By Harwood D. Schaffer and Daryll E. Ray
Agricultural Policy Analysis Center
The debate in the US over universal access to healthcare and the proper role of government has been going on, sometimes quietly and other times loudly, for more than a century. The earliest proposal to be put into legislative form was written in 1915 by a committee of the American Association of Labor Legislation providing “limited coverage to the working class and all others that earned less than $1200 a year” (http://tinyurl.com/crbrgjy).
In 1965, President Lyndon Johnson signed Medicare into law, providing universal health care for those 65 and older. The first Medicare card was issued to former President Harry Truman who, in 1949, had tried to get universal healthcare legislation enacted as a part of his Fair Deal. Medicaid coverage for low-income persons was also passed at that time.
During his first term in office, Bill Clinton proposed but failed to get healthcare legislation through Congress. His successor George W. Bush was able to add prescription coverage to the Medicare program. During the first two years of the presidency of Barak Obama the Affordable Care Act was passed. It has been the subject of debate ever since.
Our intent in this column is to step back from the current debate over the Affordable Care Act and look at the economic issues involved in healthcare markets when compared to aggregate food markets. Both are necessary for life, though the time frame in which the necessity becomes apparent is different.
For food, the lack of access to an adequate supply of food has immediate consequences, while many people can put off seeing a healthcare professional for an extended period of time and still live quite well. But incur a traumatic illness or injury and moments can make the difference between life and death; there is no time for negotiation between the buyer and the seller to come to agreement on a price.
While the timeframe in which the impact of not being able to purchase adequate food or medical insurance/healthcare may differ, both markets are coercive. And in each case the lack of access results in premature death. The same cannot be said for non-coercive markets like yachts and gold. Being excluded from those markets has little impact on one’s lifespan.
A significant portion of the non-Medicare US population have access to health insurance through an employer-paid plan. These health plans work because non-conditional enrollment is limited to a few months after employment with an employer begins. As a result, they have a mix of young and old, those with few medical needs and those with greater medical needs. The larger the number participants, the less likely it is that a catastrophic medical event for any one individual will have a significant impact on the cost of the plan, and thus the participant’s share of the premium cost.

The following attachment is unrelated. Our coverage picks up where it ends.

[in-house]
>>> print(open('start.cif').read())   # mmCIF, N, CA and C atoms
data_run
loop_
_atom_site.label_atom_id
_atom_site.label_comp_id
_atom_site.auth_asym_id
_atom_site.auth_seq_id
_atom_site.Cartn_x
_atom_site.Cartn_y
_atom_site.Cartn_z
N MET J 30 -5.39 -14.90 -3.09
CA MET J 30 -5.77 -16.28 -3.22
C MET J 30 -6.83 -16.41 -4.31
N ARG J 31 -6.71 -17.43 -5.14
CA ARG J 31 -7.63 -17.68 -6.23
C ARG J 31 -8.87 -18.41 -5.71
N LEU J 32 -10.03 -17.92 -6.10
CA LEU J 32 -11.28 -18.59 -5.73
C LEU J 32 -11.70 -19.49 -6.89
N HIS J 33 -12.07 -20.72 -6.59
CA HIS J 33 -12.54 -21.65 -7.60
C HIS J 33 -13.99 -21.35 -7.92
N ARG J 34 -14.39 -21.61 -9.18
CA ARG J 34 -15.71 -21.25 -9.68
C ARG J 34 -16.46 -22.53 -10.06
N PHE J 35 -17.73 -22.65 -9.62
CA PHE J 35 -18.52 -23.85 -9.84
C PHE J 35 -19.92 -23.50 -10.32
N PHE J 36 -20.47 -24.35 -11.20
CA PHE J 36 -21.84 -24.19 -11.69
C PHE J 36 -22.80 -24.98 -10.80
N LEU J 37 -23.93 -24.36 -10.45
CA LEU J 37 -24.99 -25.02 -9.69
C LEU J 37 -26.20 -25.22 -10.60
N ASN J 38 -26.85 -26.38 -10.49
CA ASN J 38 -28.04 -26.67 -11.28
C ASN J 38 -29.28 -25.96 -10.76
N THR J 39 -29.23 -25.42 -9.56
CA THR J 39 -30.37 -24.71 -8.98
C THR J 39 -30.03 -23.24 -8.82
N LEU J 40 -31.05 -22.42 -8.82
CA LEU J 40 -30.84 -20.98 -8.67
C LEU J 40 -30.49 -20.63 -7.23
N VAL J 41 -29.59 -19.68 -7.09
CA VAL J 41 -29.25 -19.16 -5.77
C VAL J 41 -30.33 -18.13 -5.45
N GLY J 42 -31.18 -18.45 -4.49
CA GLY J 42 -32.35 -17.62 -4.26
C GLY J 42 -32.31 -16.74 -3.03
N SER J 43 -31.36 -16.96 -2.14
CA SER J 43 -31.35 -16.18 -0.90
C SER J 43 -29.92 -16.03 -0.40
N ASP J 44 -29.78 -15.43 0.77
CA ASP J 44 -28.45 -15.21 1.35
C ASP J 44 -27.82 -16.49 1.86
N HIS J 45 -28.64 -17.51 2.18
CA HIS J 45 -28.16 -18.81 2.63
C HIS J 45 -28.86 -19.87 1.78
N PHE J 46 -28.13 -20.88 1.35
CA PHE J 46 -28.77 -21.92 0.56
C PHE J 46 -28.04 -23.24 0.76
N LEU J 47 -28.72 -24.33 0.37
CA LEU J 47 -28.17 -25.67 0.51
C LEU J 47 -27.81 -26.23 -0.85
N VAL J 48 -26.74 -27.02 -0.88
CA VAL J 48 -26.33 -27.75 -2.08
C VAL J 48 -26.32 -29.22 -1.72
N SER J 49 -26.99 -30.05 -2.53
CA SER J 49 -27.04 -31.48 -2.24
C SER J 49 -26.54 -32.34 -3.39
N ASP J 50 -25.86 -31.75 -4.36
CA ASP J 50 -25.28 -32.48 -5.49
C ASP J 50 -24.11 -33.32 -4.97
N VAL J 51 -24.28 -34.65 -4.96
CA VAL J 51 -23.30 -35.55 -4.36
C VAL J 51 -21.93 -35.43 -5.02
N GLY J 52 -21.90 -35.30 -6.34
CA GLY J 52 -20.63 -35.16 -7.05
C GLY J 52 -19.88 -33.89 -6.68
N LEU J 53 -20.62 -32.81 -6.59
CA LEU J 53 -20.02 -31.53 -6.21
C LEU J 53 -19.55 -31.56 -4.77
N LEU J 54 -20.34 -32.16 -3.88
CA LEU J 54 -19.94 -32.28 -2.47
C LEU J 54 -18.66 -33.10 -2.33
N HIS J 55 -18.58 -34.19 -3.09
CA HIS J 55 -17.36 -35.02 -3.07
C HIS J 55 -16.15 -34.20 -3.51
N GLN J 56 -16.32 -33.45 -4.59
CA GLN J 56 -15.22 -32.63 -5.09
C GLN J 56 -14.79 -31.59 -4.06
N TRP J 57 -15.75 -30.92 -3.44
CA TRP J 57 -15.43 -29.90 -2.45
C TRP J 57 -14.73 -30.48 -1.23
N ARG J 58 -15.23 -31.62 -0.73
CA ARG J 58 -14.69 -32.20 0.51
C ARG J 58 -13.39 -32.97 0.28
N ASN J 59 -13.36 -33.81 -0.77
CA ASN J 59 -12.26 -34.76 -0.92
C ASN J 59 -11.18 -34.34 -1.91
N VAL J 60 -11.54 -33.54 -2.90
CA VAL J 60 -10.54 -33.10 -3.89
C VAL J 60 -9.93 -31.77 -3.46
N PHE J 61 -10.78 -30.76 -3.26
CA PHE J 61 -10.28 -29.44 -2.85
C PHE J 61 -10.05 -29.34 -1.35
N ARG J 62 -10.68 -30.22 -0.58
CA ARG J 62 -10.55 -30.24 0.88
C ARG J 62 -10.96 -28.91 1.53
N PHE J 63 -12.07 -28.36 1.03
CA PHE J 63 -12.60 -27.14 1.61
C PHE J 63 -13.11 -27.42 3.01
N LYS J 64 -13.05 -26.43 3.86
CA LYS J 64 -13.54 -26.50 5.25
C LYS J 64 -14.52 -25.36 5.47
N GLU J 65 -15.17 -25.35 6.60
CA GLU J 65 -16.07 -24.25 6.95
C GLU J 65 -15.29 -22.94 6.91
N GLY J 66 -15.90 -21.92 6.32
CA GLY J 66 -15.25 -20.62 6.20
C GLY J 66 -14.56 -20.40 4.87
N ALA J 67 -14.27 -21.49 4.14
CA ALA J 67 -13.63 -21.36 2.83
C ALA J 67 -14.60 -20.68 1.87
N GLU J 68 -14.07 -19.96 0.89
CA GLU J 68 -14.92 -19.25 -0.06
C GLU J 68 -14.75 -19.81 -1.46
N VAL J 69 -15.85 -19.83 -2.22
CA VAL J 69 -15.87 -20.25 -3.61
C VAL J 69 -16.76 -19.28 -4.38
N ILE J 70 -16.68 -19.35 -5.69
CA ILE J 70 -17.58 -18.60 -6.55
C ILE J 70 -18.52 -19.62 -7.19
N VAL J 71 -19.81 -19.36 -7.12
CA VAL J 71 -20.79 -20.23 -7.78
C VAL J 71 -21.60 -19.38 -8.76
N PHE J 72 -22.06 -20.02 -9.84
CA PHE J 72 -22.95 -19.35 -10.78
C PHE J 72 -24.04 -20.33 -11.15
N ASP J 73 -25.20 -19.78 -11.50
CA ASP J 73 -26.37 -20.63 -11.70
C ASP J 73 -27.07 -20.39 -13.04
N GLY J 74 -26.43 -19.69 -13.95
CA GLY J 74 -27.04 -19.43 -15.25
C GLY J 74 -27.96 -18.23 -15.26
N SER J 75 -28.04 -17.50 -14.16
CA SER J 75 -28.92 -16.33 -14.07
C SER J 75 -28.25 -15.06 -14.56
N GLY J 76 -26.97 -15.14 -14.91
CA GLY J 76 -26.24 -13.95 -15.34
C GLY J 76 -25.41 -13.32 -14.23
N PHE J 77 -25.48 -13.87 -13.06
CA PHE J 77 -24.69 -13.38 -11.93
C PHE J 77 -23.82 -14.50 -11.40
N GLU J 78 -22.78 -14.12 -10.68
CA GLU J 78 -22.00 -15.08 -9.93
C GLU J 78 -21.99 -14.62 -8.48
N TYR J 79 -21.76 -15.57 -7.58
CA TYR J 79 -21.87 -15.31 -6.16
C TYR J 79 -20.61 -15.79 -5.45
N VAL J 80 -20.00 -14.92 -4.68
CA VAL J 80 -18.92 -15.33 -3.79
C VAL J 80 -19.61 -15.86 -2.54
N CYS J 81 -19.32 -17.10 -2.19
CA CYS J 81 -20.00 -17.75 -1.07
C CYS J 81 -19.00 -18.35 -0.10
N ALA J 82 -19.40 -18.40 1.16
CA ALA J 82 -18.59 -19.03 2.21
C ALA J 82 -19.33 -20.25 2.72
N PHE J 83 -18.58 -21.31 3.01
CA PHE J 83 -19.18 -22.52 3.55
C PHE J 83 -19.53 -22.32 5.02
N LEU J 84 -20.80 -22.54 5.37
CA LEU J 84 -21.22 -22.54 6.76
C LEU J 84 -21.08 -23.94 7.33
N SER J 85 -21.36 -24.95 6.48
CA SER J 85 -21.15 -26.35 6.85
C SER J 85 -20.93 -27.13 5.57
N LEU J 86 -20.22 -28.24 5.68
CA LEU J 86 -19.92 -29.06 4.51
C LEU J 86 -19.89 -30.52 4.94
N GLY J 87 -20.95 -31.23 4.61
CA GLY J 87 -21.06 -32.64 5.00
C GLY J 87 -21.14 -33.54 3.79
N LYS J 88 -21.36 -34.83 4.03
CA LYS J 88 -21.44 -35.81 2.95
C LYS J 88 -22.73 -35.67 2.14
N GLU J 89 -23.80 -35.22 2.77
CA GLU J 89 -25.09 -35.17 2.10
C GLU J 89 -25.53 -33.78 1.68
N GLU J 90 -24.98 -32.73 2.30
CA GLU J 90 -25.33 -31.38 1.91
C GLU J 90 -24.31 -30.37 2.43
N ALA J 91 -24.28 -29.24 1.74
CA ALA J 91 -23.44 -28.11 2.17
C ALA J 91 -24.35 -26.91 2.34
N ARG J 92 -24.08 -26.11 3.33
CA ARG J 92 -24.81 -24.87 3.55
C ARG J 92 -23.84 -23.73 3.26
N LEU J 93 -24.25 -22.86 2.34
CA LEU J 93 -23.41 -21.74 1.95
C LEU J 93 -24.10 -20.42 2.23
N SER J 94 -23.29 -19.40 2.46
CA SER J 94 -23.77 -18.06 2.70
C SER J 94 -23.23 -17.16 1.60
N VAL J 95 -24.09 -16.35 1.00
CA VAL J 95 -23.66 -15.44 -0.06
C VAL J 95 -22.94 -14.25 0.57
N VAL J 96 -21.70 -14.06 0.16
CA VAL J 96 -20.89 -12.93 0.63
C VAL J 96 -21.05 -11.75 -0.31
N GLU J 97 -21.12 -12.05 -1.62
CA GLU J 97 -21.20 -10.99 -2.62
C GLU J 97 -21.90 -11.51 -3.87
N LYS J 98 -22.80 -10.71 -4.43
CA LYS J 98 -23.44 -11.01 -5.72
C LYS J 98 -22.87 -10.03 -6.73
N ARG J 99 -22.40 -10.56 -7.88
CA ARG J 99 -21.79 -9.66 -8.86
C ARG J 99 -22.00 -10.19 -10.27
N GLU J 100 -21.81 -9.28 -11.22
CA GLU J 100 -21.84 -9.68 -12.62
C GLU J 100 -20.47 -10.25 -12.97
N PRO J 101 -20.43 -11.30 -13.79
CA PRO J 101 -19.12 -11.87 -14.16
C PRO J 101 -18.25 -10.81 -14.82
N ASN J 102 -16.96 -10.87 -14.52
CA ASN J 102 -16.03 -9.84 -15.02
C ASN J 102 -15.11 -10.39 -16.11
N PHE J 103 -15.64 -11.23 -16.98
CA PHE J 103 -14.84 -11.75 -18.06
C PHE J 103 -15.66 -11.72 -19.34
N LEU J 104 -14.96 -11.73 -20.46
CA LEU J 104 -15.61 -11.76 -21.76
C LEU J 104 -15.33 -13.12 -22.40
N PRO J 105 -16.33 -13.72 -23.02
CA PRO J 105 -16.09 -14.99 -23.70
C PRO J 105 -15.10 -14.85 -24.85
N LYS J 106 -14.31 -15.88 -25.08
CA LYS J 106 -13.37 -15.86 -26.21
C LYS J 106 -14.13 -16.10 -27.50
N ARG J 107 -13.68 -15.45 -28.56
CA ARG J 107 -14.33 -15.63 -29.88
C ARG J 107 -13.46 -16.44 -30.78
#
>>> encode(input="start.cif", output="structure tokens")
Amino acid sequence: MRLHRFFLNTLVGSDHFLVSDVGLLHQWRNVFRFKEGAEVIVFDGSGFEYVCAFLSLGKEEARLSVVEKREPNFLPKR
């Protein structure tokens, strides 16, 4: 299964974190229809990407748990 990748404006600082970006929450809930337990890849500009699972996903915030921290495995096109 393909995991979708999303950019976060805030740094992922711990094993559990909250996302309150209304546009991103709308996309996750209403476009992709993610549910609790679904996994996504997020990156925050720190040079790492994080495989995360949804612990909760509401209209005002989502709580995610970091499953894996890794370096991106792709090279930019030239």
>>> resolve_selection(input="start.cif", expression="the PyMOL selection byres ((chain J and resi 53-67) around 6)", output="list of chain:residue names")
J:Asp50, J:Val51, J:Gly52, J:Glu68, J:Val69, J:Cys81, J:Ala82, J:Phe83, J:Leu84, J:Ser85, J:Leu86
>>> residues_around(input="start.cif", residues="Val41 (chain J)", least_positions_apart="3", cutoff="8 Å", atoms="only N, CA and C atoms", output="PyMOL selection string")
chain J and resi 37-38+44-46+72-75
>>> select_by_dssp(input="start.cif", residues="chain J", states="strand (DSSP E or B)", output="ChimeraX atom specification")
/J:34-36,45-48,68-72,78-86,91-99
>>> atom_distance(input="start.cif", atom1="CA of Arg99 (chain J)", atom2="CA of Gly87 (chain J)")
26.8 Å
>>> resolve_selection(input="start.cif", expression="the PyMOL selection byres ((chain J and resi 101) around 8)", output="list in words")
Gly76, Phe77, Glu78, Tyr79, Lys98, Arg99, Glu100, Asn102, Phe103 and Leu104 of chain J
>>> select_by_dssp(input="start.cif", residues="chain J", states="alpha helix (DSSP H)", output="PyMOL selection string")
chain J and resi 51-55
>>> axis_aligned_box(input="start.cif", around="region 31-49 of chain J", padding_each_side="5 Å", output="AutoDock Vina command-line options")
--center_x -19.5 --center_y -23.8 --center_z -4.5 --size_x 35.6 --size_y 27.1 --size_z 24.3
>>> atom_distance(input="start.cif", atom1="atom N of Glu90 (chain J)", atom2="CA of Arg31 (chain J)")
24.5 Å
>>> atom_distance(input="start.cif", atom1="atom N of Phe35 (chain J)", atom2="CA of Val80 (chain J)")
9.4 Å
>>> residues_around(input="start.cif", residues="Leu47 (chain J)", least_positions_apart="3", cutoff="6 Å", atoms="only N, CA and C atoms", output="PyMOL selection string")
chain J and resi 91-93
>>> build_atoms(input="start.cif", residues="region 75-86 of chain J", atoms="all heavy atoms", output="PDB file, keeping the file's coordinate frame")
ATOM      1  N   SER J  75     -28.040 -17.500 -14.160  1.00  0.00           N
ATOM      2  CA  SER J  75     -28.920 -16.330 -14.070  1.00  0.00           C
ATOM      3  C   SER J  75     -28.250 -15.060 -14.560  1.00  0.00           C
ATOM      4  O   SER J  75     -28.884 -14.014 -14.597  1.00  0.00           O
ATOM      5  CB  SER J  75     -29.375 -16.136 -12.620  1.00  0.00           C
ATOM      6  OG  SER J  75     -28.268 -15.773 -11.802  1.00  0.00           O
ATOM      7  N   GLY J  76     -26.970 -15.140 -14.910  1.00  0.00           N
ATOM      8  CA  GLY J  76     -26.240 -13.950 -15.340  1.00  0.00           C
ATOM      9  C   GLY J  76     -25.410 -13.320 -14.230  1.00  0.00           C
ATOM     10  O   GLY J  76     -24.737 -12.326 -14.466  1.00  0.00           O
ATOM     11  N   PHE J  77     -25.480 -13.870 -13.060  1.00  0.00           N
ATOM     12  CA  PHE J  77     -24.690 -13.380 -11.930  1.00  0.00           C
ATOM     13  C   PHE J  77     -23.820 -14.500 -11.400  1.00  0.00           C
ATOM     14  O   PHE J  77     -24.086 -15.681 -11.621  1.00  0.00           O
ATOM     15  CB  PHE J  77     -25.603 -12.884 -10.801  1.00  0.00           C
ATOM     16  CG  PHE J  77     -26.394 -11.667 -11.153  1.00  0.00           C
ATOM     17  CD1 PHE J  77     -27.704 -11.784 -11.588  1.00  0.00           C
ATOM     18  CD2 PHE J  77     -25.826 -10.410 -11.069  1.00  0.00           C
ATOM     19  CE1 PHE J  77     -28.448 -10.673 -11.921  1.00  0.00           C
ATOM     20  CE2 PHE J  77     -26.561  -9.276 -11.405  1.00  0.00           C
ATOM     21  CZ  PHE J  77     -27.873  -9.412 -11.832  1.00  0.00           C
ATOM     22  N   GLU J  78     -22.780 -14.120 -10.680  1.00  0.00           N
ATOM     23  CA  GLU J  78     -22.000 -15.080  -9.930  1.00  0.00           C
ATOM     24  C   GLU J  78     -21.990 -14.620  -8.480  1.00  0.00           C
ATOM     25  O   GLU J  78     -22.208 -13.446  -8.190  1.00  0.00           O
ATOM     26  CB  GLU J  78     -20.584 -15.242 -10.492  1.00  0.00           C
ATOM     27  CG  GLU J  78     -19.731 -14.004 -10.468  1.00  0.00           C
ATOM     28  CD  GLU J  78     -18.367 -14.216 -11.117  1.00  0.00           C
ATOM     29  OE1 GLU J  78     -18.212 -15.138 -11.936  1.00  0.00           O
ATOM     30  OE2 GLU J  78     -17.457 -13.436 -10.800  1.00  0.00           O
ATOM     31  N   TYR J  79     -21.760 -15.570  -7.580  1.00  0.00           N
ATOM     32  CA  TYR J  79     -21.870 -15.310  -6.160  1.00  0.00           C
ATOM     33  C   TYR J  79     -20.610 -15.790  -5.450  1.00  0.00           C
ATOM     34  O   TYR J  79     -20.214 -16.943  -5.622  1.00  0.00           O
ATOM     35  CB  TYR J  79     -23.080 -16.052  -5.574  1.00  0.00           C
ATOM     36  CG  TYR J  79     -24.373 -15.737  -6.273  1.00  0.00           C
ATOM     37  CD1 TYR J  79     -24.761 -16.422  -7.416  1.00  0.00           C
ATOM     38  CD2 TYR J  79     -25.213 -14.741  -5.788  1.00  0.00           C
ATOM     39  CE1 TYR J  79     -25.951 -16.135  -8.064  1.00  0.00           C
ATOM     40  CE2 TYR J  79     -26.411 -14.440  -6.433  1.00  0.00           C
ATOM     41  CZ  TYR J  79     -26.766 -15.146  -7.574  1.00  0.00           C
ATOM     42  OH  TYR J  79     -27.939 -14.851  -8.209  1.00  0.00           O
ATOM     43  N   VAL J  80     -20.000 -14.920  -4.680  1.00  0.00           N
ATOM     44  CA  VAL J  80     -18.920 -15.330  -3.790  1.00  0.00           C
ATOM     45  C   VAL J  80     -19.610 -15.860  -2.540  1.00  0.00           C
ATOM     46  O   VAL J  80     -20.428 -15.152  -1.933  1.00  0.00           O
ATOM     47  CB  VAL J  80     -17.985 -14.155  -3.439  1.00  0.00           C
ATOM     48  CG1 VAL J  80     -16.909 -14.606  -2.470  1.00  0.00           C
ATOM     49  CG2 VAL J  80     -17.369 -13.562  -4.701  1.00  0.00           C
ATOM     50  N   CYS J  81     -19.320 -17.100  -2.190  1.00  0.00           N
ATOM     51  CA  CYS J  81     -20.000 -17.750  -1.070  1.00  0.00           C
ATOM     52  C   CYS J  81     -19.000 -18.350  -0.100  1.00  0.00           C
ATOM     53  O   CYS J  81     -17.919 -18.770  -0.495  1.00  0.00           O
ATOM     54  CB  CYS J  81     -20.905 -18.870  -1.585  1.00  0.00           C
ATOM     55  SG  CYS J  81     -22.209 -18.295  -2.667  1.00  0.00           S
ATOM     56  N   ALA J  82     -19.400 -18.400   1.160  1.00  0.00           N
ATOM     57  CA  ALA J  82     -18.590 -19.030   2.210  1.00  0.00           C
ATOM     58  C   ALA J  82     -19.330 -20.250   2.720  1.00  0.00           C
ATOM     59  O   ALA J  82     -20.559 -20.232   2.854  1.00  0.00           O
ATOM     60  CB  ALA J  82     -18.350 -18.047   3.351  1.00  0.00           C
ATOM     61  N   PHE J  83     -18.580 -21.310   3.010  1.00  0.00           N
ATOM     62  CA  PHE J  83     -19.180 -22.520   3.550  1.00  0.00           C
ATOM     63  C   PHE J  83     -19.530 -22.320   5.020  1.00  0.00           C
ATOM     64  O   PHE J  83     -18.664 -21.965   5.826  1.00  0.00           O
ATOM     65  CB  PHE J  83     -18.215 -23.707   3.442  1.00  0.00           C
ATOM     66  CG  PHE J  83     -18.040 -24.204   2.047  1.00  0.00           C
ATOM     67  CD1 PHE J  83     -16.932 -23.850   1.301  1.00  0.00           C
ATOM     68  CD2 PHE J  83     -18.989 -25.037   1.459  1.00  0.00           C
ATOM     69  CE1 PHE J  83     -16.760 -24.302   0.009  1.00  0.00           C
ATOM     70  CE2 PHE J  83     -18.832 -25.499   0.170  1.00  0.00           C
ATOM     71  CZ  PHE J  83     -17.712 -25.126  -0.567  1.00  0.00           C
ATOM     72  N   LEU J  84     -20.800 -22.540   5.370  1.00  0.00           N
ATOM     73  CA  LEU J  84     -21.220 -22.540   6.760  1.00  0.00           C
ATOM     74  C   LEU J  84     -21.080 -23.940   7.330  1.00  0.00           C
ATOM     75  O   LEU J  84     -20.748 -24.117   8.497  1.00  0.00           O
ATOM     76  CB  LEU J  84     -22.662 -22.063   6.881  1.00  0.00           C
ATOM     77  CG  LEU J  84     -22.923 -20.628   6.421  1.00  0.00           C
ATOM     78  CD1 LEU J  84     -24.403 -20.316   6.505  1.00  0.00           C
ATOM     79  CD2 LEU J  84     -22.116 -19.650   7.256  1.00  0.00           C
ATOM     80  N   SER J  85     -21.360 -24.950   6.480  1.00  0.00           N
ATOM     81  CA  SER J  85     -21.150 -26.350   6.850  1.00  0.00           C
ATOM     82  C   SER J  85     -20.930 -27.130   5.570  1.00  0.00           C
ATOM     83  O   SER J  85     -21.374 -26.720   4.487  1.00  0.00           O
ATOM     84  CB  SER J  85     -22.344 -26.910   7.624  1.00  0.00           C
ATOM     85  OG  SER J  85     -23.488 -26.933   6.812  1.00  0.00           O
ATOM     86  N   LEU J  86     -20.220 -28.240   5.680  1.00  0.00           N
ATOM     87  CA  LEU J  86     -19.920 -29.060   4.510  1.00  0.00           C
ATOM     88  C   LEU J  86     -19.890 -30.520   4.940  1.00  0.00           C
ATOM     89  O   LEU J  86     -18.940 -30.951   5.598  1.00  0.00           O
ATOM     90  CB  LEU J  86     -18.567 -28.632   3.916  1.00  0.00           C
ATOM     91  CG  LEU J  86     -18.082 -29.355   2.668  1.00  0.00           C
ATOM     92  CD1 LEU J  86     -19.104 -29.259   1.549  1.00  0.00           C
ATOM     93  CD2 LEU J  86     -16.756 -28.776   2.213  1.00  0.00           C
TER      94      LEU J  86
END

In addition, employer-paid plans generally have a smaller proportion of people with catastrophic illnesses than the general population. This is true because many people with catastrophic illnesses find it difficult to maintain steady employment and thus drop out of these plans or are not included in the first place.
As independent operators, farmers do not have access to these employer-paid plans and must bear the full cost of a health insurance policy. That means they often purchase high deductible plans that cover catastrophic illnesses.
When farmers do have access to employer-paid plans it is generally because their spouse works for an employer with an insurance program. Over the years, we have seen a number of spouses working off-farm, not because of the salary they earn, but to obtain health insurance for the farm family. And, the off-farm-employed spouses often continues to work until both are eligible for Medicare. Universal health insurance coverage would make it possible for a number of spouses to participate more fully in the farming operation.
As we listen to the health insurance debate we wish that more attention would be paid to the fact that the healthcare market, like agriculture, does not meet the textbook conditions of a free market; it is a coercive market in which the buyer can suffer significant consequences if they do not participate. The coerciveness in the health insurance market is not the result of any governmental action, but of the nature of the market itself.
By including the whole population in a government managed program that provides everyone access to healthcare, the overall degree of coercion is reduced. We have seen it work by providing seniors with Medicare.
Harwood D. Schaffer is research assistant professor, retired; University of Tennessee; and director of the Agricultural Policy Analysis Center (APAC). Daryll E. Ray is professor emeritus, University of Tennessee, and is the former director of APAC.